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Cell-matrix adhesion is crucial for maintaining the mechanical integrity of epithelial tissues. Podocytes--a key component of the glomerular filtration barrier--are exposed to permanent transcapillary filtration pressure and must therefore adhere tightly to the underlying glomerular basement membrane (GBM). The major cell-matrix adhesion receptor in podocytes is the integrin α3β1, which connects laminin 521 in the GBM through various adaptor proteins to the intracellular actin cytoskeleton. Other cell-matrix adhesion receptors expressed by podocytes include the integrins α2β1 and αvβ3, α-dystroglycan, syndecan-4 and type XVII collagen. Mutations in genes encoding any of the components critical for podocyte adhesion cause glomerular disease. This Review highlights recent advances in our understanding of the cell biology and genetics of podocyte adhesion with special emphasis on glomerular disease.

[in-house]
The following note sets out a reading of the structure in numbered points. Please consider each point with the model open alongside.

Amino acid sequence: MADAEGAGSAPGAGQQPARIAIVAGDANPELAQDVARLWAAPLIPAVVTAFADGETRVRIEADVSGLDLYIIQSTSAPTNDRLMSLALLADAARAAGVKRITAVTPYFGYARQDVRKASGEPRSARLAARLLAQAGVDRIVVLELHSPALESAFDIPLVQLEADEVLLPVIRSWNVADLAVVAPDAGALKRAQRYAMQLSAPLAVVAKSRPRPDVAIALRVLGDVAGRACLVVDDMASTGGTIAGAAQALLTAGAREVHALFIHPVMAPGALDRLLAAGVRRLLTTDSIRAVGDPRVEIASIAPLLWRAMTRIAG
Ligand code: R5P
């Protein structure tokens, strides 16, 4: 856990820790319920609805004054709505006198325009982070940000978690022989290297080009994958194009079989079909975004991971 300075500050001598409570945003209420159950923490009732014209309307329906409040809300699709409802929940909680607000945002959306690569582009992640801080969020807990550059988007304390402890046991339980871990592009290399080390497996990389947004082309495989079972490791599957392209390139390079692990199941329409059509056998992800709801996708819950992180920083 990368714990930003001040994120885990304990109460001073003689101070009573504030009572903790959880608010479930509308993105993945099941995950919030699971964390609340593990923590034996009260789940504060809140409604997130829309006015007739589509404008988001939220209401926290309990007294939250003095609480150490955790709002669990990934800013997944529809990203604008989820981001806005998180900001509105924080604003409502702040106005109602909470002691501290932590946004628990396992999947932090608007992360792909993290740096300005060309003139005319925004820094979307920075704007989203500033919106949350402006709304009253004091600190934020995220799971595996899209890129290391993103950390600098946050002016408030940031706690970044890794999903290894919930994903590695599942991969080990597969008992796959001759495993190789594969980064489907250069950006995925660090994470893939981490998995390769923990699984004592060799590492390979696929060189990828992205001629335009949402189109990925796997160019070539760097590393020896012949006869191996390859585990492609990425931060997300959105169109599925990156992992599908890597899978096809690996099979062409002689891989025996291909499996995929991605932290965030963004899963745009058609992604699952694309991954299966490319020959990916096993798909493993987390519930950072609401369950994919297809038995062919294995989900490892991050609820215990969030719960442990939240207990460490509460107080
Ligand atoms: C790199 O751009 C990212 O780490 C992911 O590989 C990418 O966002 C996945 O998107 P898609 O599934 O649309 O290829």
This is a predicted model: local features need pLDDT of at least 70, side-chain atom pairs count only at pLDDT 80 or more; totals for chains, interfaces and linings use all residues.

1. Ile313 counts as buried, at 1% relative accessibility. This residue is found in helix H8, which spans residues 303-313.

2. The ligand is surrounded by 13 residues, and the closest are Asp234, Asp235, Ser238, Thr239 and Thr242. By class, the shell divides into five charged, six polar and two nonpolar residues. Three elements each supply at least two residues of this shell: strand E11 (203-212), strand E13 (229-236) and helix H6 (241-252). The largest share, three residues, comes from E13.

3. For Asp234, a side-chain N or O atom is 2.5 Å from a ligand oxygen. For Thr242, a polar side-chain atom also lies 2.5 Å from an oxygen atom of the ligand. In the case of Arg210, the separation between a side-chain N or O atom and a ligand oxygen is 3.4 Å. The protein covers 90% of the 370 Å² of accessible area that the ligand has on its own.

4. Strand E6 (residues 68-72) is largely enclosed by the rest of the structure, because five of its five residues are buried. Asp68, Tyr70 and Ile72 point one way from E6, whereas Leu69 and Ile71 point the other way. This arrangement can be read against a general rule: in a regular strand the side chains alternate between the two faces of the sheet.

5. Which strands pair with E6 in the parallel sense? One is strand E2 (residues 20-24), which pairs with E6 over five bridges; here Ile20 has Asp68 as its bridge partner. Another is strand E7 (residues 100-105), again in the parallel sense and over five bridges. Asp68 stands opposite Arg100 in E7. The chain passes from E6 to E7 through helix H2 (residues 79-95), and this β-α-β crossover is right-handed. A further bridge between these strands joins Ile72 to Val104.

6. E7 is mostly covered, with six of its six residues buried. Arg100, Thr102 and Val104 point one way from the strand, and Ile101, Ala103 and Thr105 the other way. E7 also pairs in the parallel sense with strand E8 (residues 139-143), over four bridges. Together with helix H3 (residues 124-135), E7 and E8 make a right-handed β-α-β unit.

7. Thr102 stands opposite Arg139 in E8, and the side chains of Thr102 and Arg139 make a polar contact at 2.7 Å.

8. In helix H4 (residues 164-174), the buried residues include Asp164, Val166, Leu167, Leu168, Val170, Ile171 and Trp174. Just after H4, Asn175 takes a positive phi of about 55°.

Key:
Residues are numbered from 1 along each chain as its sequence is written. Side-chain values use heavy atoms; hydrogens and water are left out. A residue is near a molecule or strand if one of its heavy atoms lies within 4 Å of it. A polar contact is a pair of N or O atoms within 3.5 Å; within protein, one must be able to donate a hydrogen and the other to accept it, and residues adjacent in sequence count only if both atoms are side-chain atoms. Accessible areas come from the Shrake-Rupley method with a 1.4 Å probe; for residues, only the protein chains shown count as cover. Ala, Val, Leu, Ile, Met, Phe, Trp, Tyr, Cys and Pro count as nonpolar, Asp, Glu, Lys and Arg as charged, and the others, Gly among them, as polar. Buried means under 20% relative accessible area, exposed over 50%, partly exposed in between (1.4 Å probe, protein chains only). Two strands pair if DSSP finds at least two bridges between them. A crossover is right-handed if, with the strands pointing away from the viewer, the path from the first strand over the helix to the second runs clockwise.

Norman Sachs, Arnoud Sonnenberg. Cell-matrix adhesion of podocytes in physiology and disease. Nature reviews. Nephrology. 2013 Apr;9(4):200-10

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PMID: 23338211

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